For the last few years, non-profit One Laptop Per Child (OLPC) has been steadily producing rugged, low-cost, low-power connected laptops for children in the developing world. 2.5 million units and 60 countries later, and its latest learning package is headed for decidedly First World hands courtesy of Walmart. Made by Vivitar, the 7-inch XO Tablet features a unique Dreams interface that organizes content by aspirational topics rather than by apps. Everything has been checked for age-appropriateness by Common Sense Media, and parents get to control what their offspring are able get up to on the Android device, as well as keep tabs on learning progress.
A partnership has been announced that aims to give schoolchildren throughout the globe easier access to powerful tablet computer technology. One Laptop Per Child (OLPC
) and the Marvell Technology Group have joined forces to create a family of educational tablets based on OLPC's OX-3 and Marvell's Moby reference designs. The coalition is aiming to show off its first product at next year's CES.
Having already distributed more than 500,000 XO laptops in 31 countries, One Laptop per Child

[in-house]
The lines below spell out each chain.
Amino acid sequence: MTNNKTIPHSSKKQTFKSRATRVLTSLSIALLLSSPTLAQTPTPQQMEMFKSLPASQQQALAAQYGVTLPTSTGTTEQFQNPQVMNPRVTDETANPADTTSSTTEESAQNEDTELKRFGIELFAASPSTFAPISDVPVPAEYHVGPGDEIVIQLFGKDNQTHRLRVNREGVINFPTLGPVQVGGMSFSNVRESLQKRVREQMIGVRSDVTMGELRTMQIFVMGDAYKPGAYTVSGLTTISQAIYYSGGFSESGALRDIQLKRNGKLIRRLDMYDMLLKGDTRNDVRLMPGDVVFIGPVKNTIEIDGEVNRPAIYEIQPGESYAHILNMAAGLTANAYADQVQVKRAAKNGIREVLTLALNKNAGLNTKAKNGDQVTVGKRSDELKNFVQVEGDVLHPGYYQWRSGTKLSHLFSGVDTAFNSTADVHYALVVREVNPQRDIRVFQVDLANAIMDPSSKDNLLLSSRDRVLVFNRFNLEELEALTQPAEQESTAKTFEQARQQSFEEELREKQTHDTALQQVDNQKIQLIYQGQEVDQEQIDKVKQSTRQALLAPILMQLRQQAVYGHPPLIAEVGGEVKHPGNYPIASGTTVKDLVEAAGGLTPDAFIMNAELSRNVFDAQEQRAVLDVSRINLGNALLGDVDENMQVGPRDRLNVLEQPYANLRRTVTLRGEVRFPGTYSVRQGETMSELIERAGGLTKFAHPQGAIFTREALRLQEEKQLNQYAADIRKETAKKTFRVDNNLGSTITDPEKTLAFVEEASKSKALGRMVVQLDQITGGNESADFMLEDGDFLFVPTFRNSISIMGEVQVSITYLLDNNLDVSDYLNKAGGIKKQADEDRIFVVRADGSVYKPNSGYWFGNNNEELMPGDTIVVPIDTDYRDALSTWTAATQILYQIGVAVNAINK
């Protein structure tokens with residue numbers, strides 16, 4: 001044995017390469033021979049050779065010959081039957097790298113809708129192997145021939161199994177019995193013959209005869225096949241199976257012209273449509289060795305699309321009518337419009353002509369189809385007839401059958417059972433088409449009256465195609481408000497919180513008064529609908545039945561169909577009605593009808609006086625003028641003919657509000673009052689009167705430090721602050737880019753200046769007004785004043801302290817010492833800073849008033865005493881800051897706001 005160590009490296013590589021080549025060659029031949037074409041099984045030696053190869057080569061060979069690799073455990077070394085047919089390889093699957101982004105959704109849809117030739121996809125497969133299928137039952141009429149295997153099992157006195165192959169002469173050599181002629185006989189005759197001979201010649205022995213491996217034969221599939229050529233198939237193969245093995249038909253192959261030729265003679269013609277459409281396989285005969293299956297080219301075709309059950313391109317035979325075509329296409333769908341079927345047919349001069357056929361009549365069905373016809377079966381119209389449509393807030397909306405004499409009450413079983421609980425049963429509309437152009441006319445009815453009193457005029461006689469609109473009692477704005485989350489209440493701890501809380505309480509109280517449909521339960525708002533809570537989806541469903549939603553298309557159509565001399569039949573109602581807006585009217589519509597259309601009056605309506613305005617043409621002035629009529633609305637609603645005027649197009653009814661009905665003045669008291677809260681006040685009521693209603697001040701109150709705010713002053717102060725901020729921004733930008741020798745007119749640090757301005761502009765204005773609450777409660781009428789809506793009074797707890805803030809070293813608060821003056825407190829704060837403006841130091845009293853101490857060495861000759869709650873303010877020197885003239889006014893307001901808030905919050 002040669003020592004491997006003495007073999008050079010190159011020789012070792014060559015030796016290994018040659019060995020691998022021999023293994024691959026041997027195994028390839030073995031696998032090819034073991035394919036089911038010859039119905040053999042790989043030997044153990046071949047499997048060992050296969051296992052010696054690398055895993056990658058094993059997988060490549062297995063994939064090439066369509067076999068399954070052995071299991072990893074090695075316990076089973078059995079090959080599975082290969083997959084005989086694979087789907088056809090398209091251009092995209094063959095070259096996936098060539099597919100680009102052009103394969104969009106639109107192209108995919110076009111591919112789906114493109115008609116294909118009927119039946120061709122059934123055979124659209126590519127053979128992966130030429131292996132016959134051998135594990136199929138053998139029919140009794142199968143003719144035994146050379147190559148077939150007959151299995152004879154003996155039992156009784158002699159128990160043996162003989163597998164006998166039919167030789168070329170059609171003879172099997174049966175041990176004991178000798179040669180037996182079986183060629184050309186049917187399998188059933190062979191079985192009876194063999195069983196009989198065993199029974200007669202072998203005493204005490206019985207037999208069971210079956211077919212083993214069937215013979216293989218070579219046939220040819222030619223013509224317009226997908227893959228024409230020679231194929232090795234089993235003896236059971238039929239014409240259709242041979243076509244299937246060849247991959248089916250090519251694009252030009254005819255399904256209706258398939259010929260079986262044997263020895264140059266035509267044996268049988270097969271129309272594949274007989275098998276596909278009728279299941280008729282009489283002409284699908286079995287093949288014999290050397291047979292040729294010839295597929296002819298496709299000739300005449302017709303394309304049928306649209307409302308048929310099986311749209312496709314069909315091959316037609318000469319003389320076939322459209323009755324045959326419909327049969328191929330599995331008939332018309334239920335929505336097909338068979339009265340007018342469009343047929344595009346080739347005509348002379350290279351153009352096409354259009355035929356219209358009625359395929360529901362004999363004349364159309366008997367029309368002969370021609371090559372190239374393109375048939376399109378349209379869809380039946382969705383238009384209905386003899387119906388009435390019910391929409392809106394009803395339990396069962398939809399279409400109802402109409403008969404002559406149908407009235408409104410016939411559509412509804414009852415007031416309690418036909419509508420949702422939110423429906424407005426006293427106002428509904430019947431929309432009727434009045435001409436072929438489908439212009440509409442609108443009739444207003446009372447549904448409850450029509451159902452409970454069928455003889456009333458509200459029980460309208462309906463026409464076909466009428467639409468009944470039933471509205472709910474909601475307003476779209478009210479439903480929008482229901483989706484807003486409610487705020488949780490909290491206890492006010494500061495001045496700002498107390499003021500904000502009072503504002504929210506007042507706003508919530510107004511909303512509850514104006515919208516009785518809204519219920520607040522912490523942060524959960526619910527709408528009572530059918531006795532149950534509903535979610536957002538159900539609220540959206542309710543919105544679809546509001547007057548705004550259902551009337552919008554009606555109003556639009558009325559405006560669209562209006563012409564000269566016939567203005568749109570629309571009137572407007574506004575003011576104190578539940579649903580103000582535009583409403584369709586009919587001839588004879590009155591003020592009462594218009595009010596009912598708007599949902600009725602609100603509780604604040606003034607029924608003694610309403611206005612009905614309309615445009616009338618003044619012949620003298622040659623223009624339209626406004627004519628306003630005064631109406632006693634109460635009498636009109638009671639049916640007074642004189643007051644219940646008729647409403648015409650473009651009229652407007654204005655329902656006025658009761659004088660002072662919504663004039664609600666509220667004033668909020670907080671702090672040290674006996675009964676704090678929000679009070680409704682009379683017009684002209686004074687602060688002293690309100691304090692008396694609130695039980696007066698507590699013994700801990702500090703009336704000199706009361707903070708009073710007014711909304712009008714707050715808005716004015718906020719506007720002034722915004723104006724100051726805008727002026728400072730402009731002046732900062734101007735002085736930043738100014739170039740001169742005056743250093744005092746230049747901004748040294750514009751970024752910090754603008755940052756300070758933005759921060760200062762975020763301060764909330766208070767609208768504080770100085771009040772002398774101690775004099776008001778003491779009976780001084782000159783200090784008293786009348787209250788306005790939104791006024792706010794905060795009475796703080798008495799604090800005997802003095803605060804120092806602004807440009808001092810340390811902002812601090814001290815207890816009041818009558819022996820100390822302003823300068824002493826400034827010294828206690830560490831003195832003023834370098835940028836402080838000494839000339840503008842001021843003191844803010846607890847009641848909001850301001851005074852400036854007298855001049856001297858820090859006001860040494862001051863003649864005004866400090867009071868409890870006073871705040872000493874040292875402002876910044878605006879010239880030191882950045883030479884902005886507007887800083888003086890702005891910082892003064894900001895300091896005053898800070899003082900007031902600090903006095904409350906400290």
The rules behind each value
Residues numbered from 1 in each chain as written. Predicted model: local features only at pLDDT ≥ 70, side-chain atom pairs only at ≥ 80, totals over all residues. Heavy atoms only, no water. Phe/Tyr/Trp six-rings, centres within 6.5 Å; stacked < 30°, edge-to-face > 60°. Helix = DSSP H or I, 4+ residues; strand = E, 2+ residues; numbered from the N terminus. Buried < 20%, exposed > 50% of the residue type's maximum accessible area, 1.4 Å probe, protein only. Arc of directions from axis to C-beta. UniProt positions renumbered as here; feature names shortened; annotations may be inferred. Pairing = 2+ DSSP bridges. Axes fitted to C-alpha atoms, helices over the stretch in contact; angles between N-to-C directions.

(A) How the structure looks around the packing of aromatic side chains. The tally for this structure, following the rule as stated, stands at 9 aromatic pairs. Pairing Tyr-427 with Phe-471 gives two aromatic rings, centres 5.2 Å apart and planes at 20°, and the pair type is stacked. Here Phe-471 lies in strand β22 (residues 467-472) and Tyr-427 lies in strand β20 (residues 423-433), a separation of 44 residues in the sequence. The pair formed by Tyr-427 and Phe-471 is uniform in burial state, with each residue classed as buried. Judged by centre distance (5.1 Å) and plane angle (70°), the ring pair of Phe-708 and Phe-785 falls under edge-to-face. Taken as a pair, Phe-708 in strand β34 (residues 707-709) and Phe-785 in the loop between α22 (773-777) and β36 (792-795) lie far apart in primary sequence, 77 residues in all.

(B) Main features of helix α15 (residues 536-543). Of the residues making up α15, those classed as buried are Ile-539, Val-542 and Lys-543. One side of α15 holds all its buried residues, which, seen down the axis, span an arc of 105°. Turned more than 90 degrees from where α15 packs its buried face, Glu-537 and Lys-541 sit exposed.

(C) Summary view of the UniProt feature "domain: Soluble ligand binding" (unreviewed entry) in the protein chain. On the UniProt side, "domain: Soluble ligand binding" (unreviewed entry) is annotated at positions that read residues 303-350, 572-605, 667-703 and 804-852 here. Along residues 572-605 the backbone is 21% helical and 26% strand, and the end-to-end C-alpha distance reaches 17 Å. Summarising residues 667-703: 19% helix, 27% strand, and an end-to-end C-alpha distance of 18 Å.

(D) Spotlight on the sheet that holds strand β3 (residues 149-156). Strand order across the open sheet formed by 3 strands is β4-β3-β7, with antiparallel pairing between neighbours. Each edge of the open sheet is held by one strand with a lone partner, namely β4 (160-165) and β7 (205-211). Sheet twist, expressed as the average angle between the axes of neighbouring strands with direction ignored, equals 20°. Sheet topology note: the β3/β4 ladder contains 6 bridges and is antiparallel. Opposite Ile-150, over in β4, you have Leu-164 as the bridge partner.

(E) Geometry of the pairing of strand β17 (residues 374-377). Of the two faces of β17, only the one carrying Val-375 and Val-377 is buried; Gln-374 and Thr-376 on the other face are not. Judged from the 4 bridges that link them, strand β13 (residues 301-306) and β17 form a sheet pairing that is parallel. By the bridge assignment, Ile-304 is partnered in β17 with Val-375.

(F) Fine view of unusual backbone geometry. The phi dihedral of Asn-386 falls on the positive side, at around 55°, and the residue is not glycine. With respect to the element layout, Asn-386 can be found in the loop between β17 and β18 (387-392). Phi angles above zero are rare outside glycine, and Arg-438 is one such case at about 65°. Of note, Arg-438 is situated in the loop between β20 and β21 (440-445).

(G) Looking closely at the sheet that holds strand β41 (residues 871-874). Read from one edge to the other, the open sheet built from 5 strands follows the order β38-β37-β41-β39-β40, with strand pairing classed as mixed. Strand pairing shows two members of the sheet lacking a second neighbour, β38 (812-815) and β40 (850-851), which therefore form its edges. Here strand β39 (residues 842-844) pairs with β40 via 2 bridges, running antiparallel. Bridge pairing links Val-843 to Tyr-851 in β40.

(OLPC) has launched its “Give 1 Get 1” program for 2008. The scheme raised more than USD$35 million in 2007 to fund the delivery of tens of thousands laptops to kids in countries such as Afghanistan, Iraq, Lebanon, Cambodia, Ethiopia, Haiti, Mongolia and Rwanda.
May , 2008 The One Laptop per Child (OLPC) project
looks to be on track to meet its target of producing a laptop
for a price per unit below US$100 set out when the initiative was launched in 2005. At a press event OLPC project founder Nicholas Negroponte gave the “State of the State” address on the project to date and the evolution of the XO laptop, presenting the design for the next generation of XO hardware. According to Negroponte, work is already underway on the "XO-2" laptop, which will be cheaper and smaller and will use less power than its predecessor. The XO-2, or XOXO as it's also called, comes with Nintendo DS
-like dual-touchscreen displays, which allows one of the touchscreens to be used as a keyboard, which can be customized for different aged children, different applications or different languages.